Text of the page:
For the first hundred years after the first temple endowments in Nauvoo, the ceremony was performed only in English. By the 1940s, however, the growing numbers of faithful Mexican and Mexican-American members motivated Church leaders to have the endowment translated into Spanish—to be given for the first time after a special 1945 conference at the Mesa Arizona Temple. Despite the cost of the trip, many Saints in Mexico committed to attend. They saved to pay for transportation and took time off work. Church members in Arizona helped by offering food and lodging for the travelers.
At the conference, President José Gracia of the Monterrey Branch spoke of the significance of the occasion. “We have come to do a great work for ourselves and for our fathers,” he said. “The promises made to our fathers are being fulfilled in us.”
Others rejoiced to be in the presence of so many of their fellow Saints. “Before, I have considered myself an orphan,” said Saturnino Aguilar of the Ermita Mexico City Branch. “But now I see that I have plenty of brothers and sisters.”
Following the conference, on the morning of November 6, over two hundred people attended the first Spanish endowment session.
José Gracia was among those who returned the next year and resolved to maintain a tradition of temple trips each November. “I intend to be here year after year,” he said. The annual trips corresponded with Mexico’s Day of the Dead, and for many Saints attending the temple, this added to the holiday’s significance. At the 1946 temple excursion conference, Gracia recounted watching families gather to take flowers to their deceased family members. He noted, “We have gathered here in Mesa” to honor their ancestors in another way. “It is not a work that withers like those flowers, but a work that is eternal.”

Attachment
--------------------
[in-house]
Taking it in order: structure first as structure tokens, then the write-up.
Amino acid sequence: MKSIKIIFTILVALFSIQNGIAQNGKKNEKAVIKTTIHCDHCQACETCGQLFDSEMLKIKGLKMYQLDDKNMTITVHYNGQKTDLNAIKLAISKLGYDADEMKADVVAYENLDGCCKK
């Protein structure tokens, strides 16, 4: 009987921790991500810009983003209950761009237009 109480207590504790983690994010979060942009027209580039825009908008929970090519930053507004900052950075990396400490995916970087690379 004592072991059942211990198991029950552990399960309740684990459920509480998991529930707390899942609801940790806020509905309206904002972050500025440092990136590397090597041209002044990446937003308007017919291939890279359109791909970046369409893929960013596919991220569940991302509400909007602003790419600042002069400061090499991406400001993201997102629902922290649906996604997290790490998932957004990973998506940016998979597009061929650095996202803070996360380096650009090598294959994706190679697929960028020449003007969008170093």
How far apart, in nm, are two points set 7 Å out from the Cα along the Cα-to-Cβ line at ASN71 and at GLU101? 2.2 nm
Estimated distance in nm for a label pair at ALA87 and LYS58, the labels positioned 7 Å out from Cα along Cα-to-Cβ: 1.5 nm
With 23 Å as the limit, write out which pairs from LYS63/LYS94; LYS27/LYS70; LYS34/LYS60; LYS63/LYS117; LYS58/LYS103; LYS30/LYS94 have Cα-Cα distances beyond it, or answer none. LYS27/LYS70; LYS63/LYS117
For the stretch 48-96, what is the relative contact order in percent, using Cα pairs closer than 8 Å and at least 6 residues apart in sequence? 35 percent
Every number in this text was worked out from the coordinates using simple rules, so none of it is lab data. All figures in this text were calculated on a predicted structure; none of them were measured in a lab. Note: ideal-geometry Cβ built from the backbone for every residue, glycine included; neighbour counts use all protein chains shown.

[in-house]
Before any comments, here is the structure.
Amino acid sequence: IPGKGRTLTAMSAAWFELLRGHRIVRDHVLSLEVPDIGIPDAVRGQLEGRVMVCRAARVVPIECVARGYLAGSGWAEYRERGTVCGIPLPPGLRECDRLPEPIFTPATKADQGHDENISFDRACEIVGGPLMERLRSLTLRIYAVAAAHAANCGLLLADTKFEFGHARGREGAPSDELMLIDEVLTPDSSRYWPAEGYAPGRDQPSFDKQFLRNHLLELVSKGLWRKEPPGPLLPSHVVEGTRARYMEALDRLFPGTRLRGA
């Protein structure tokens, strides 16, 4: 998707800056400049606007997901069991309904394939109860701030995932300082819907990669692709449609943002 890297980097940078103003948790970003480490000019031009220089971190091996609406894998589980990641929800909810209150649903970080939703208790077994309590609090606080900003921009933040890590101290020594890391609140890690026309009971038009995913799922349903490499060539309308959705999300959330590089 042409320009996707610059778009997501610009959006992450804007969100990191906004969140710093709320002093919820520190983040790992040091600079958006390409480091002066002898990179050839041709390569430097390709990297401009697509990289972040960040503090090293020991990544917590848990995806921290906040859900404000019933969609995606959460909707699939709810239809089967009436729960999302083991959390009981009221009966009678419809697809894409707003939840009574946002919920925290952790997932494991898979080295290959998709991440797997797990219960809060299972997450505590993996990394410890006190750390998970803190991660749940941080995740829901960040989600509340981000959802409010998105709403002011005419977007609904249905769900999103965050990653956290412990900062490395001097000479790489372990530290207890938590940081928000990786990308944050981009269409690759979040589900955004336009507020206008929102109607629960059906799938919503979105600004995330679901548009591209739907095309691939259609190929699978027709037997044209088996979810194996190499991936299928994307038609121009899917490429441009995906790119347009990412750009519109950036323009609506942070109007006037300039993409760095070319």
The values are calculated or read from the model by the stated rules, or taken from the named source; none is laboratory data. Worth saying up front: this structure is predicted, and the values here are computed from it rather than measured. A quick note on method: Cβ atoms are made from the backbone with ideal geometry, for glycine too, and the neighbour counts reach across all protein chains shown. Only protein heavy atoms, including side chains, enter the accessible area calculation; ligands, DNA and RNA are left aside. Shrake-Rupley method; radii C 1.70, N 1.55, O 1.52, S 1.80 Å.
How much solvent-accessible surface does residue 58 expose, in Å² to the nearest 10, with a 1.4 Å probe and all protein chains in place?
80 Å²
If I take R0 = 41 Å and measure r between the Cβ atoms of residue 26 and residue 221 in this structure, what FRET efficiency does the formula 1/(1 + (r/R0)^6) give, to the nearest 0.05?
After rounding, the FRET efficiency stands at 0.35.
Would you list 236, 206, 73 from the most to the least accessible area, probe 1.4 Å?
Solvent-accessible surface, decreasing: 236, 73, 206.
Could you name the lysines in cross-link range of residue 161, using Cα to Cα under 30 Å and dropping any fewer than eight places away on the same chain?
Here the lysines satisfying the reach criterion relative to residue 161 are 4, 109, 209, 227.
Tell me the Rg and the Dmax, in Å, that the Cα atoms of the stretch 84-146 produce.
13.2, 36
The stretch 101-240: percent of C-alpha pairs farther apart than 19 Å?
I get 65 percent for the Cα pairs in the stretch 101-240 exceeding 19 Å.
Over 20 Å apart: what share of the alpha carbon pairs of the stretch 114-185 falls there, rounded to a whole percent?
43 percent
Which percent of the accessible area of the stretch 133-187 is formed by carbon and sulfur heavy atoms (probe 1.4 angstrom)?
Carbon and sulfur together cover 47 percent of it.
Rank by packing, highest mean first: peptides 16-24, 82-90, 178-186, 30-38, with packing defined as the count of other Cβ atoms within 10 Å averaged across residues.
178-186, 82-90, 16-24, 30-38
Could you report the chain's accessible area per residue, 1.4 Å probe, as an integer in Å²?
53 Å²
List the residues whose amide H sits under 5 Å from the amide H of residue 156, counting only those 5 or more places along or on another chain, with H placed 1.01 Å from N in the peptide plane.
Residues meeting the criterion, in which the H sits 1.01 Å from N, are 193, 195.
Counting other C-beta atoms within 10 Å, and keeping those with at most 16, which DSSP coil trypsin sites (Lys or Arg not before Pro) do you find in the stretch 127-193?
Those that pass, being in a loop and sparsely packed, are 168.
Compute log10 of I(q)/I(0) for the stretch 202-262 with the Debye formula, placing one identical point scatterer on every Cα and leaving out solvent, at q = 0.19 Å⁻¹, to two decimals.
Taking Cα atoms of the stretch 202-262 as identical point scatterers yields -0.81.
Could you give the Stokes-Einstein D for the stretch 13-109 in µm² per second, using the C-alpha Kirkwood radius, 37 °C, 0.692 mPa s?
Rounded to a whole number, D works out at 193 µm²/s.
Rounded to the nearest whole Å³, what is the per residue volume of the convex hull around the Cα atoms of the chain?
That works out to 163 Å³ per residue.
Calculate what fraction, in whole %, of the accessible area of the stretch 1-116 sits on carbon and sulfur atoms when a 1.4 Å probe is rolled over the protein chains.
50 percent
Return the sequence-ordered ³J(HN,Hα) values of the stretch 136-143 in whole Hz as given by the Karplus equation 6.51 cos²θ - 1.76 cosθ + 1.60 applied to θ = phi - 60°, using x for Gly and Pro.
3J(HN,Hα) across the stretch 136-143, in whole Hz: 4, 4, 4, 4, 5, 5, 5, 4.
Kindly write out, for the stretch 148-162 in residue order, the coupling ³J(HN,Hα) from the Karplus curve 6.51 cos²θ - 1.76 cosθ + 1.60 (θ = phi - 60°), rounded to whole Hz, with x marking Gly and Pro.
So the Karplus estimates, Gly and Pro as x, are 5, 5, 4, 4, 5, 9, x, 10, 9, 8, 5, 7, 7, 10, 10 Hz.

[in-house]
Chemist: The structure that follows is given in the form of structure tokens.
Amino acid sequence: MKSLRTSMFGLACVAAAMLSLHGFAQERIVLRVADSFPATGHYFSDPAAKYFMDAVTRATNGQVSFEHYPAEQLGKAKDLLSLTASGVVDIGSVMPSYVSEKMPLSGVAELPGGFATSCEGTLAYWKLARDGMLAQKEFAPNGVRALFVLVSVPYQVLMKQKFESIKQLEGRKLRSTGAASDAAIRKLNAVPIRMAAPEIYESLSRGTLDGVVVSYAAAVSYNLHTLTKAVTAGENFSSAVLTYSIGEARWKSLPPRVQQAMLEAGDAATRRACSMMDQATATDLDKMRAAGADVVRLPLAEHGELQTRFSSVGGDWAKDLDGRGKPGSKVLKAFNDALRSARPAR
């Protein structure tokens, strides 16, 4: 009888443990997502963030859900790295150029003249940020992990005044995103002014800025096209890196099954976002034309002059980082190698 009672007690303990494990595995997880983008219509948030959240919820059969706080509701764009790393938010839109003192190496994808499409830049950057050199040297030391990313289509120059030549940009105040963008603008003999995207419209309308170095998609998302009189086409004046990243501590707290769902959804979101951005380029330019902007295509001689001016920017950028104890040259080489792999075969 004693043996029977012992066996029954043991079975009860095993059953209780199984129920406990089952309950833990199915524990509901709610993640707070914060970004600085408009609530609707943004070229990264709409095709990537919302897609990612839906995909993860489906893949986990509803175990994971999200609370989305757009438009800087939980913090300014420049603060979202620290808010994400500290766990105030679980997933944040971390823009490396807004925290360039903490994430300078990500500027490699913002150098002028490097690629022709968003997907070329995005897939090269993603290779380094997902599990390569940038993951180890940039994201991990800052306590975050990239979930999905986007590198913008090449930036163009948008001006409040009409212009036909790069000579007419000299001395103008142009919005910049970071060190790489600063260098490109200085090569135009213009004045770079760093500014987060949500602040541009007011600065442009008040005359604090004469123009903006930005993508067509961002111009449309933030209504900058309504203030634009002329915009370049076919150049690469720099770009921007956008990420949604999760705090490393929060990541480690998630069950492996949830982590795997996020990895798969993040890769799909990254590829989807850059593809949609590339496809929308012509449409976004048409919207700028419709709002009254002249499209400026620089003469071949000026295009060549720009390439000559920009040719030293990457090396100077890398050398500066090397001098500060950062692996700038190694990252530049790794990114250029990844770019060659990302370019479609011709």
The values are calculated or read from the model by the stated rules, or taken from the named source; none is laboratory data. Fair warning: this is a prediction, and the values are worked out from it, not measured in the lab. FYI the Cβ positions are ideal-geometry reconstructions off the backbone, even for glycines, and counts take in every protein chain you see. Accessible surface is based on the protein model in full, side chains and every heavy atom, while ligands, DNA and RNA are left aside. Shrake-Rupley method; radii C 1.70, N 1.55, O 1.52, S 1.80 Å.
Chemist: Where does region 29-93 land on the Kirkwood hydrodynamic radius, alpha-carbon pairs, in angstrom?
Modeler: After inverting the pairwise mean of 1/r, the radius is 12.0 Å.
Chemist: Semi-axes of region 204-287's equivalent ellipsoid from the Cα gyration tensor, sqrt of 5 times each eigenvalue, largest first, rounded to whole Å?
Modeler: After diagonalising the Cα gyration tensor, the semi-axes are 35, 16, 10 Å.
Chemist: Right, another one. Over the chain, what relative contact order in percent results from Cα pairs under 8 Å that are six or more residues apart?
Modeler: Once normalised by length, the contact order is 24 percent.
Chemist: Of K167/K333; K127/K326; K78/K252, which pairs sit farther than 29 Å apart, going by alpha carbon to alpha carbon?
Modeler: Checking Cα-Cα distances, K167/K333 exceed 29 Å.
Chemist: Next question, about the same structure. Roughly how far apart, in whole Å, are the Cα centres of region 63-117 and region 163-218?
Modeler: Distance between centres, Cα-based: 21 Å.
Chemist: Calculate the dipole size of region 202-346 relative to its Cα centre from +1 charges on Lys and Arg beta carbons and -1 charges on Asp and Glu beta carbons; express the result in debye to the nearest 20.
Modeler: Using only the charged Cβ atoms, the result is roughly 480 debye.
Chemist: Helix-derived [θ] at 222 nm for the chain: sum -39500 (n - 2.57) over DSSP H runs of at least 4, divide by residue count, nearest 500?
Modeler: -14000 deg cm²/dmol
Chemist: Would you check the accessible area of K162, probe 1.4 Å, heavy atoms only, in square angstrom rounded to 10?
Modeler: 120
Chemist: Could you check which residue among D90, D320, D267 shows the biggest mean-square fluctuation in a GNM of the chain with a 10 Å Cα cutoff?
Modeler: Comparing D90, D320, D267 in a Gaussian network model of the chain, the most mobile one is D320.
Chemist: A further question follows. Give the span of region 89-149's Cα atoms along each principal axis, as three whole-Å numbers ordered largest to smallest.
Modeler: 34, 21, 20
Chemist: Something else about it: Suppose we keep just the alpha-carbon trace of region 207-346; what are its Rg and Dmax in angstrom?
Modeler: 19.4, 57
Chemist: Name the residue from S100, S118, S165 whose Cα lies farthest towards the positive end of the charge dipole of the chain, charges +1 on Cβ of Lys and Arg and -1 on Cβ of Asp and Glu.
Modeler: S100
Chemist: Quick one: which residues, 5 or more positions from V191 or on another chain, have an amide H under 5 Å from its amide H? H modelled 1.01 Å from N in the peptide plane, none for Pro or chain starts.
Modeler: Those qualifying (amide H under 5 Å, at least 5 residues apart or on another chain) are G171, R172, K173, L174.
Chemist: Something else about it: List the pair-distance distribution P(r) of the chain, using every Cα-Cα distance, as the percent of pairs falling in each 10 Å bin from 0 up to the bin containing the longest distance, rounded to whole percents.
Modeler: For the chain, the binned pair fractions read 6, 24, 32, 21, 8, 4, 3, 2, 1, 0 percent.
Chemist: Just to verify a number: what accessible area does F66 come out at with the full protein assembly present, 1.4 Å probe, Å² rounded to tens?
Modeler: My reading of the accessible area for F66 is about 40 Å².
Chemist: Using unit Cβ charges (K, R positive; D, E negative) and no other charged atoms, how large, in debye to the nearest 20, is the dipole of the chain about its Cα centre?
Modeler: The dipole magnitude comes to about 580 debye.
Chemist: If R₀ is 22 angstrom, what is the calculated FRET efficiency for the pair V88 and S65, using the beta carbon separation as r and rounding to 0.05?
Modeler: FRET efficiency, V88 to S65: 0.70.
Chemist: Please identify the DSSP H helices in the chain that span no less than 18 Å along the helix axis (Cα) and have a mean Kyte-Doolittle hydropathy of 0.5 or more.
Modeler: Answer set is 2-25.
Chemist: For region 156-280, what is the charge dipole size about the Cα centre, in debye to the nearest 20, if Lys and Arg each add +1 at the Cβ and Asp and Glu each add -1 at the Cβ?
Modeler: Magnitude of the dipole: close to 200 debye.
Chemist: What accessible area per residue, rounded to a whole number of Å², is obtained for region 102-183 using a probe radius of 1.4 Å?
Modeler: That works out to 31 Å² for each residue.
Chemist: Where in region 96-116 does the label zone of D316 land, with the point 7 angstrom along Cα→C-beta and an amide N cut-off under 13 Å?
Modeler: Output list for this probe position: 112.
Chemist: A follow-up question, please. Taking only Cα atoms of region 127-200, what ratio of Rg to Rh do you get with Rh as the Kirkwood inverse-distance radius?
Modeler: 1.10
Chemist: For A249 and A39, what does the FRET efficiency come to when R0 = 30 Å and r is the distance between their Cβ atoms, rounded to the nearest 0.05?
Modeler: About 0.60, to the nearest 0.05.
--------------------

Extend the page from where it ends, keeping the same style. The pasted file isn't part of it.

Temple trips to Mesa continued for decades, until a temple was built in Mexico City. When the temple was dedicated in December 1983, the Saints were overjoyed. A member of the Tenayo Branch who attended the dedication said that with the temple’s completion “a dream for which all the Mexicans had yearned for many years has been fulfilled.”
As the Church in Mexico grew and members continued to faithfully attend the temple, more temples were constructed in the country, and members who had sacrificed to travel to Mesa and to Mexico City were able to do temple work for themselves and their ancestors closer to home. By 2015 there were temples in Mexico City, Colonia Juárez, Ciudad Juárez, Guadalajara, Hermosillo, Mérida, Monterrey, Oaxaca, Tampico, Tijuana, Tuxtla Gutiérrez, Veracruz, and Villahermosa.